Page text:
Are you looking into digital nomad life? Are you looking to land a remote job with a reputable company? And are unsure where to start? That’s very normal! It’s not easy to get a good remote job with a reputable company that pays decently too. Especially if you’re starting from scratch and the internet is just overwhelming you with opportunities. That’s why I put together this blog about 2 simple strategies to find a remote job with a reputable company.
Best thing about finding a remote job: working from where ever you want[/caption]
What's coming up
- 1 There is no such thing as an overnight success
- 2 Reasons to want to find a remote job
- 3 Option 1: Work your way “up”
- 4 Option 2: Work your way “down”
- 5 How did I find my remote job with a multinational company?
There is no such thing as an overnight success
The first and foremost thing you have to realize is that you cannot find a remote job or become a digital nomad overnight. Most successful remote workers and digital nomads have been planning their trips and accompanying careers for a while. Also, they have been acquiring skills and educating themselves before leaving. Things you can do to prepare yourself are for example reading books about the digital nomad lifestyle or following an introductory course in something you think you may like. You can then choose a niche in which you want to excel and build a business around that. You will soon notice what gets you excited soon enough 🙂 From then on, you can start focusing on finding your remote jobs.
Reasons to want to find a remote job
So what are your reasons to work remotely? Mine are as follows:
1 – Work from where ever you want
The one main benefit of working remotely for me is to work where ever I want. In a coffeeshop, in a restaurant, a park, my campervan, on the beach, in the house of my parents. All I need is my Macbook and a Wifi (or even 4G) connection and I’m good to go!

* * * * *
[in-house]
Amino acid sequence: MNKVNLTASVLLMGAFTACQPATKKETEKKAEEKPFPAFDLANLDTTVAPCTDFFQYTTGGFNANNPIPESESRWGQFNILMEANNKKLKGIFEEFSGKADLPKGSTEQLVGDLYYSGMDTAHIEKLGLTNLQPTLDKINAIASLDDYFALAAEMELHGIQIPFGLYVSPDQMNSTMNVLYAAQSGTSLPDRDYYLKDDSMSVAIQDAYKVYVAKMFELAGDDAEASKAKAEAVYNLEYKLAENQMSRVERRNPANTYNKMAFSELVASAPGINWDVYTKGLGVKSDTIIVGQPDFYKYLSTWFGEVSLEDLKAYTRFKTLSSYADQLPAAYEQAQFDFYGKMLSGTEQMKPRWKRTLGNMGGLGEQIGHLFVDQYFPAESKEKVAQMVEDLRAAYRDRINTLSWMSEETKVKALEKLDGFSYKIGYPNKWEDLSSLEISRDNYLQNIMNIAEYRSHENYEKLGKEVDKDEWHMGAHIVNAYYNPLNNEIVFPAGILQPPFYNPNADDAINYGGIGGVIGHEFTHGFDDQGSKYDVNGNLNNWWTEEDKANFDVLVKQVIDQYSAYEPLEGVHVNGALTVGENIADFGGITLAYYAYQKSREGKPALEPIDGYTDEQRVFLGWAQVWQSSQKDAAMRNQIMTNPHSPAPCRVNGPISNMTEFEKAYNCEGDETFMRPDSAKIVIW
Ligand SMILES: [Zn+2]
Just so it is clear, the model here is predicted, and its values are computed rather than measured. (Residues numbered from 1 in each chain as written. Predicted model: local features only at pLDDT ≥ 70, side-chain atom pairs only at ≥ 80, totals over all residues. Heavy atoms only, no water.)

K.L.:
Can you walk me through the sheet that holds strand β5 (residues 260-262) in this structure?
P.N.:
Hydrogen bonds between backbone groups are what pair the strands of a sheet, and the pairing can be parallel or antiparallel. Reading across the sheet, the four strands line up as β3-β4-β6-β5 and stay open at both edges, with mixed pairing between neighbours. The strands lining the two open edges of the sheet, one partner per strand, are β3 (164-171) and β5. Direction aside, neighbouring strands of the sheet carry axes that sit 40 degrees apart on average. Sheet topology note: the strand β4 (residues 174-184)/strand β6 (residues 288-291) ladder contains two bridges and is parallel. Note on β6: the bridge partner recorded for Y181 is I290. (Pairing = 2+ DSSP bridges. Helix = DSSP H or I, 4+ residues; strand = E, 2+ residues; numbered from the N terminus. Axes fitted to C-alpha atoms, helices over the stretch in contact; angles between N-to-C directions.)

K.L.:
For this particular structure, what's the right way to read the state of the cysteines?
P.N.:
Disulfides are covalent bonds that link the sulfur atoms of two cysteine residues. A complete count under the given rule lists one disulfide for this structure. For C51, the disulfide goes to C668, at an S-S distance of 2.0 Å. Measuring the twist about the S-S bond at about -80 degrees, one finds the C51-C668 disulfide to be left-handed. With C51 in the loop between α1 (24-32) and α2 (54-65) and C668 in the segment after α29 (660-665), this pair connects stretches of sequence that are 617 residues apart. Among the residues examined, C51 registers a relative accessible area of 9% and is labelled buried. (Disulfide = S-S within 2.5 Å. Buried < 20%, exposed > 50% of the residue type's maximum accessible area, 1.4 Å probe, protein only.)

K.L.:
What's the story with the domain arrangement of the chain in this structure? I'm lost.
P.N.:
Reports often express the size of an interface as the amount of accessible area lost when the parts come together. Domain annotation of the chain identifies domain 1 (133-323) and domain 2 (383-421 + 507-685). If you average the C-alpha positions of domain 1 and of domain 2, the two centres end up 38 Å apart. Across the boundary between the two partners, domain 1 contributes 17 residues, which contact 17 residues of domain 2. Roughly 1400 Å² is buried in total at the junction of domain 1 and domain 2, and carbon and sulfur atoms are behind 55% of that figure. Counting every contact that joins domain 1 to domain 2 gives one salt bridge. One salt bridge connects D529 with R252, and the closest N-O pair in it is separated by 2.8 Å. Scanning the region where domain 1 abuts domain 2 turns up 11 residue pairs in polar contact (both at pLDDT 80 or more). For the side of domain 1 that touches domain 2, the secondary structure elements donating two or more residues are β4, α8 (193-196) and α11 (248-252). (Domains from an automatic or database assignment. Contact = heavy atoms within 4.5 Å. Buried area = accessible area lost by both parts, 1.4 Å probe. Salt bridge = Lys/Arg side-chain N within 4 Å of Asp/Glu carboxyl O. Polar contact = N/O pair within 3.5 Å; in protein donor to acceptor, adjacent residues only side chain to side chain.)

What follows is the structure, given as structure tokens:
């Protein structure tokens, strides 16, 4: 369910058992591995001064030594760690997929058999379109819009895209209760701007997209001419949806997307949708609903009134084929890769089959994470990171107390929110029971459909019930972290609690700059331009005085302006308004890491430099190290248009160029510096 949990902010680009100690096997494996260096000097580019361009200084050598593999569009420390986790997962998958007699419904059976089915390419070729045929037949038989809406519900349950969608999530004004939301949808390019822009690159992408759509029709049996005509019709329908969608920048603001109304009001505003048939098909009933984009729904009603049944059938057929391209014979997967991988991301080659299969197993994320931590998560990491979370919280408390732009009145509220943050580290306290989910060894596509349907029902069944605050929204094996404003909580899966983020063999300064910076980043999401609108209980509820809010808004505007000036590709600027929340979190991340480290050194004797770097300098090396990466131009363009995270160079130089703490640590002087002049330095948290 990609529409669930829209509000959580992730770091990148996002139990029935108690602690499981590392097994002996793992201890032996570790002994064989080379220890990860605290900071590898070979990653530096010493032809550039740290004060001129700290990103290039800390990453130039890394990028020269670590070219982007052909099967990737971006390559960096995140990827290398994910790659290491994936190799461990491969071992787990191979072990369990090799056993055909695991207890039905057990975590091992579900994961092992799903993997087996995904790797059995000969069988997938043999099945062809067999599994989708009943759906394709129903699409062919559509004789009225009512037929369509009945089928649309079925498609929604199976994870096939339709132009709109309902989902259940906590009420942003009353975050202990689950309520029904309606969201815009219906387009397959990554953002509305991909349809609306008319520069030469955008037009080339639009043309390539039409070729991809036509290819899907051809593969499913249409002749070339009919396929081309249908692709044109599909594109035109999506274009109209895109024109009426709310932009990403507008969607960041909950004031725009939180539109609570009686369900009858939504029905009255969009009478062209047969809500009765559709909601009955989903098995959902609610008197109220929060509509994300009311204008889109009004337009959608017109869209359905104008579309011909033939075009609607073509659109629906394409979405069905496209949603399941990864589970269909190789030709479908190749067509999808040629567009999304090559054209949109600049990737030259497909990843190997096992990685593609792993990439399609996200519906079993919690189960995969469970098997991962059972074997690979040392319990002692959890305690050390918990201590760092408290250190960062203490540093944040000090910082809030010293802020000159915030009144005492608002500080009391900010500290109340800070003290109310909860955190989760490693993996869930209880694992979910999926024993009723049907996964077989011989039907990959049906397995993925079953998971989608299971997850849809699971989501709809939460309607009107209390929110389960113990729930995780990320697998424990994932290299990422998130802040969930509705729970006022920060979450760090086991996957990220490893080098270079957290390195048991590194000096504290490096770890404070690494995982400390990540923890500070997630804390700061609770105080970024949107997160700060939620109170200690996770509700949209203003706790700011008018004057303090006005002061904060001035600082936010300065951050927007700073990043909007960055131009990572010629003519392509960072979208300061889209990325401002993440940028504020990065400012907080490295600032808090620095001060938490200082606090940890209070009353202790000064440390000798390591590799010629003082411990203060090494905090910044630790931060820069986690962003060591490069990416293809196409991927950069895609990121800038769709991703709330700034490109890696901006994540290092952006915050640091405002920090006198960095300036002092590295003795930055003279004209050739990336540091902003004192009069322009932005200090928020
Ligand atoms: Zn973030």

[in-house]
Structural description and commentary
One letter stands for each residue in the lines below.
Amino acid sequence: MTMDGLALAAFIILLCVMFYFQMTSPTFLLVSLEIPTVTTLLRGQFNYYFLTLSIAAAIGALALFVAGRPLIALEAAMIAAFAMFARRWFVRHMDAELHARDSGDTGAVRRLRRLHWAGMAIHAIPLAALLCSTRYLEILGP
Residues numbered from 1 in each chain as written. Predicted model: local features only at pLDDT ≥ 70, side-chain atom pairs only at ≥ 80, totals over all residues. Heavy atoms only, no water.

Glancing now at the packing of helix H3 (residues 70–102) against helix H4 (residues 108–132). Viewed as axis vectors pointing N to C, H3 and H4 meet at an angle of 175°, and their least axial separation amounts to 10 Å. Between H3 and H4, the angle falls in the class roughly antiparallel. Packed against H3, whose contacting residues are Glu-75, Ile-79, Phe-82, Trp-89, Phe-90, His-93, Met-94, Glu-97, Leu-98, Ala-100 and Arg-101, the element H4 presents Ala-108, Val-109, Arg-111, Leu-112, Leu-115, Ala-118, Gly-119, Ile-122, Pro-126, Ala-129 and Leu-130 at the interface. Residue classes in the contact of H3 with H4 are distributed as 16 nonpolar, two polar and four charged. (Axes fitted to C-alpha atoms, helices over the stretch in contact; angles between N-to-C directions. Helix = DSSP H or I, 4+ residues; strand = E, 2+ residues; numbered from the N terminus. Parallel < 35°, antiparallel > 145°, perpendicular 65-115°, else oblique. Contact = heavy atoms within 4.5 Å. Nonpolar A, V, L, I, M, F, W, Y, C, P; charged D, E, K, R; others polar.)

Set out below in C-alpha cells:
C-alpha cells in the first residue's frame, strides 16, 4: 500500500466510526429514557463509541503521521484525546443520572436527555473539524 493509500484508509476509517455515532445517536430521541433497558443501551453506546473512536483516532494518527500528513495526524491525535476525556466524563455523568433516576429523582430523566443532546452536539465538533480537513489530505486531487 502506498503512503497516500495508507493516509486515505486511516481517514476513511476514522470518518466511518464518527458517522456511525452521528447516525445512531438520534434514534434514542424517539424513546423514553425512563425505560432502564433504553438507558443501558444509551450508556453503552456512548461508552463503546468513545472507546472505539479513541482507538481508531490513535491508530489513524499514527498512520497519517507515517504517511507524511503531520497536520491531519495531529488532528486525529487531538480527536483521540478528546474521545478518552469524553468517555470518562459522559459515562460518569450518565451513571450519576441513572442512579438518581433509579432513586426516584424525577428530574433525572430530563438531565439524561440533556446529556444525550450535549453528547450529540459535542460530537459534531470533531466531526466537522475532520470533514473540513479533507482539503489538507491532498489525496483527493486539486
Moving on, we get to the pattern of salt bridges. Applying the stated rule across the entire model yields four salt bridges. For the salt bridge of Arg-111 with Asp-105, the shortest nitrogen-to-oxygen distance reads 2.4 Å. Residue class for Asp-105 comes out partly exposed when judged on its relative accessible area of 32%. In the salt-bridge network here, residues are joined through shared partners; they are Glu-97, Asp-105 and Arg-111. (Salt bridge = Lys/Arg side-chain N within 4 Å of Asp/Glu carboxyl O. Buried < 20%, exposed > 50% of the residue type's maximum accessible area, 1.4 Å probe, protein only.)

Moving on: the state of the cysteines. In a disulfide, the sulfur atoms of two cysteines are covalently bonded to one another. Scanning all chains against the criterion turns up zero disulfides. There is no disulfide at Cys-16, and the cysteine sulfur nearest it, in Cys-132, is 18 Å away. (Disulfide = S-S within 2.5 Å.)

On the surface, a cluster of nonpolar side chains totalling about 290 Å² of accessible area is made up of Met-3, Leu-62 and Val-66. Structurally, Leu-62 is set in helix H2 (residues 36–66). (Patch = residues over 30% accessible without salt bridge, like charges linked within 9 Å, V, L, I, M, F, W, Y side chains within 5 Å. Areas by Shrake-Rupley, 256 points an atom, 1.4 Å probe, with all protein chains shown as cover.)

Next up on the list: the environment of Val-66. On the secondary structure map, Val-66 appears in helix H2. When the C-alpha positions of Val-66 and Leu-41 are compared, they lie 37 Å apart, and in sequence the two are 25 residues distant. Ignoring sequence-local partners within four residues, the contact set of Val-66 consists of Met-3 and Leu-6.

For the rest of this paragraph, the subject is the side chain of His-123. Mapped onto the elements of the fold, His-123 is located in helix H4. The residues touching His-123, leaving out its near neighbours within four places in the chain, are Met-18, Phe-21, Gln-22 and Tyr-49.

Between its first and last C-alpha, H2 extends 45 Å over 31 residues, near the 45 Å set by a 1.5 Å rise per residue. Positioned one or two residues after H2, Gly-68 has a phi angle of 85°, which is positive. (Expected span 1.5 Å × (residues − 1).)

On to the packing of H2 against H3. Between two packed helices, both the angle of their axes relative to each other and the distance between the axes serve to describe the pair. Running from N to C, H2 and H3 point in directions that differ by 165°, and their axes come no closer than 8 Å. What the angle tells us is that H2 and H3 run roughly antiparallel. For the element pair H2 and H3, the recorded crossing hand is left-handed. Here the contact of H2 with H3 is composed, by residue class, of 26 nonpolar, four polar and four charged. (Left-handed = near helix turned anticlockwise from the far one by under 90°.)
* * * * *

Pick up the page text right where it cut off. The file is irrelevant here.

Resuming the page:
2 – Work whenever you want
I’m an early bird, so I like to work in the morning and go off exploring in the afternoons. But sometimes, I also work late at night. It really does not matter when you are a digital nomad 🙂 Although sometimes, your clients will request you to submit work before certain deadlines in a different timezone than you may be in. That said, I rarely ran into trouble with this.
3 – Work as much as you want
1 hour a day? 12 hours a day? I don’t have a fixed schedule to be honest. Some days I have lots to do, and some days I choose to enjoy the outdoors and go hiking. Those days I simply answer some emails or keep in touch with my clients, but I don’t open my laptop.
So let’s move on to check out which 2 ways exist to land a remote job with a reputable company.
Option 1: Work your way “up”
The first option to land a remote job is to go online, and look for companies that offer remote jobs. This is the way most people go. Therefore, in my guide on how to become a digital nomad I list several freelance marketplaces and websites where you can start. For example, the freelance marketplace Upwork can be a good place to start. Especially if you don’t have a fixed skillset yet, freelance marketplaces can be good places to discover what kind of jobs you like most. For example, I discovered that I really like writing a lot! I did manage to find some regular clients this way that were flexible and paid well.